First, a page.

Ageing sheffield residents create health service pressure

A Generic Photo of a lonely old woman looking worrired. See PA Feature TOPICAL Lumley. Picture credit should read: PA Photo/Thinkstockphotos.WARNING: This picture must only be used to accompany PA Feature TOPICAL Lumley. .
A Generic Photo of a lonely old woman looking worrired. See PA Feature TOPICAL Lumley. Picture credit should read: PA Photo/Thinkstockphotos.WARNING: This picture must only be used to accompany PA Feature TOPICAL Lumley. .
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GROWING numbers of elderly people are set to cause pressure on Sheffield’s adult care services - with the population of over-65s set to rise by nine per cent in the next decade.

Officials are expecting a corresponding increase in elderly people needing help through adult care services, either with living independently or in residential homes.

But the extra demand comes as council cuts are having an impact on care staff.

In a report compiled by Richard Webb, Sheffield Council’s executive director responsible for the service, the council reveals 120 more people are needing care in the current year, costing an extra £3.5 million.

Mr Webb said: “The services have been reporting increasing demand and numbers of people requiring assessments and self-directed support.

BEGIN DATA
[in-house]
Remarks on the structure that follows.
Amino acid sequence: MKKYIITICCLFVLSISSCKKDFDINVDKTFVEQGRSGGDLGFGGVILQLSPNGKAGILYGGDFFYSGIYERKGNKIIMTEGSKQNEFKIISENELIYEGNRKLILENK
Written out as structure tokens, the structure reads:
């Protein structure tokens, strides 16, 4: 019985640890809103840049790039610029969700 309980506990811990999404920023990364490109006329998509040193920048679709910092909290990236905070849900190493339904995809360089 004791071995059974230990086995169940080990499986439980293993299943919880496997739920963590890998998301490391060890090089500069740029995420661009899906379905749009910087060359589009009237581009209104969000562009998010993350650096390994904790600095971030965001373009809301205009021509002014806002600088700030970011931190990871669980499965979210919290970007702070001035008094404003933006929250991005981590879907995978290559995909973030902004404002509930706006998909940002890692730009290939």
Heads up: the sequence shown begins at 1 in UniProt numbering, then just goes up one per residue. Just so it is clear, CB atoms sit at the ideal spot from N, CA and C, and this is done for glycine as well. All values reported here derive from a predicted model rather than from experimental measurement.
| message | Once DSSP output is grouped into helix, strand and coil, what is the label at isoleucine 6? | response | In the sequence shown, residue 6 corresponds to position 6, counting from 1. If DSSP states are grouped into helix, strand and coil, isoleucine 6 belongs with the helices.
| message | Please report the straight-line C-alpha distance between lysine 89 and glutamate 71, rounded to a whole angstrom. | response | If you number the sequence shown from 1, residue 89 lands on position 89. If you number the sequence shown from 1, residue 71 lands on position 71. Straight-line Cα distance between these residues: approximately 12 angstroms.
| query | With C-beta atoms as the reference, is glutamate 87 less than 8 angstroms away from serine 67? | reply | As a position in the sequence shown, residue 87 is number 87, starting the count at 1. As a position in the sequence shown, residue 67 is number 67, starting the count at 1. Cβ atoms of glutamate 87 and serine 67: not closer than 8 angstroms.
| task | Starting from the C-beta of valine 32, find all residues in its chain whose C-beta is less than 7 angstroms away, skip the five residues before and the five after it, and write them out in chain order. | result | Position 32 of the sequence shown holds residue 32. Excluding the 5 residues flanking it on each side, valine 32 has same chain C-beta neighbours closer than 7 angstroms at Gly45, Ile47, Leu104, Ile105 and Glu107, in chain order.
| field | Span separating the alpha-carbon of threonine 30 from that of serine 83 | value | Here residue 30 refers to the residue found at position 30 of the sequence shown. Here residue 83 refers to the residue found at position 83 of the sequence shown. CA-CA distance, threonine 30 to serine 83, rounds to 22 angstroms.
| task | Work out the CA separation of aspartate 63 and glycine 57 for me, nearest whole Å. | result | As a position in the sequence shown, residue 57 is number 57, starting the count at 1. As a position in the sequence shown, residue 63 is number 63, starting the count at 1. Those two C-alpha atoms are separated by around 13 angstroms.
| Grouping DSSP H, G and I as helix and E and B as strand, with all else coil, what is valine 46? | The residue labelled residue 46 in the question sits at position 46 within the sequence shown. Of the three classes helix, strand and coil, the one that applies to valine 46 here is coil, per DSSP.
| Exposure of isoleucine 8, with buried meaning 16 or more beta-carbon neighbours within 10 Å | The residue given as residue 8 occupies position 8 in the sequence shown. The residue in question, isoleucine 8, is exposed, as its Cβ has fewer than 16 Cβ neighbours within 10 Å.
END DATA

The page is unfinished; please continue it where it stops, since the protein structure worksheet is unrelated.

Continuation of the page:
“As a consequence, more people are also requiring personal budgets for their care and this is increasing the pressure on purchasing budgets within adult social care.”

Mr Webb said that, since last April, there has been a ‘net reduction’ of 19 staff in the department which carries out care assessments, with a further 13 posts to be post in the current financial year.

In 2013/14, Sheffield Council is cutting another £50 million from its overall budget - which could potentially lead to even more job losses.

Mr Webb said: “Inevitably this has an impact on the timescales of the response by assessment and care management, although actions were taken to mitigate the impact as much as possible.”

Mr Webb’s report, which is being presented to a meeting of Sheffield Council’s Healthier Communities and Adult Social Care Scrutiny Board next Wednesday, reveals how services are performing.

The average number of days to complete assessments was 103 days in the three months to the end of June, which was up from 64 days the previous year.

Mr Webb said people waiting longer than before have ‘support in place’ or arrangements with their families.

Meanwhile, the average time taken for people to start receiving services after assessment has also lengthened considerably.

At the end of June, the average time was 89 days, compared to 53 days at the end of June 2011.

Mr Webb concluded: “The challenges facing the assessment and care management services will continue and a balance will need to be struck between the level of performance and resources available to the council.”

Mr Webb said the care services are ‘implementing improvement plans’ using a one-off investment fund, which is expected to result in a significant reduction in waiting times for assessments for personal care.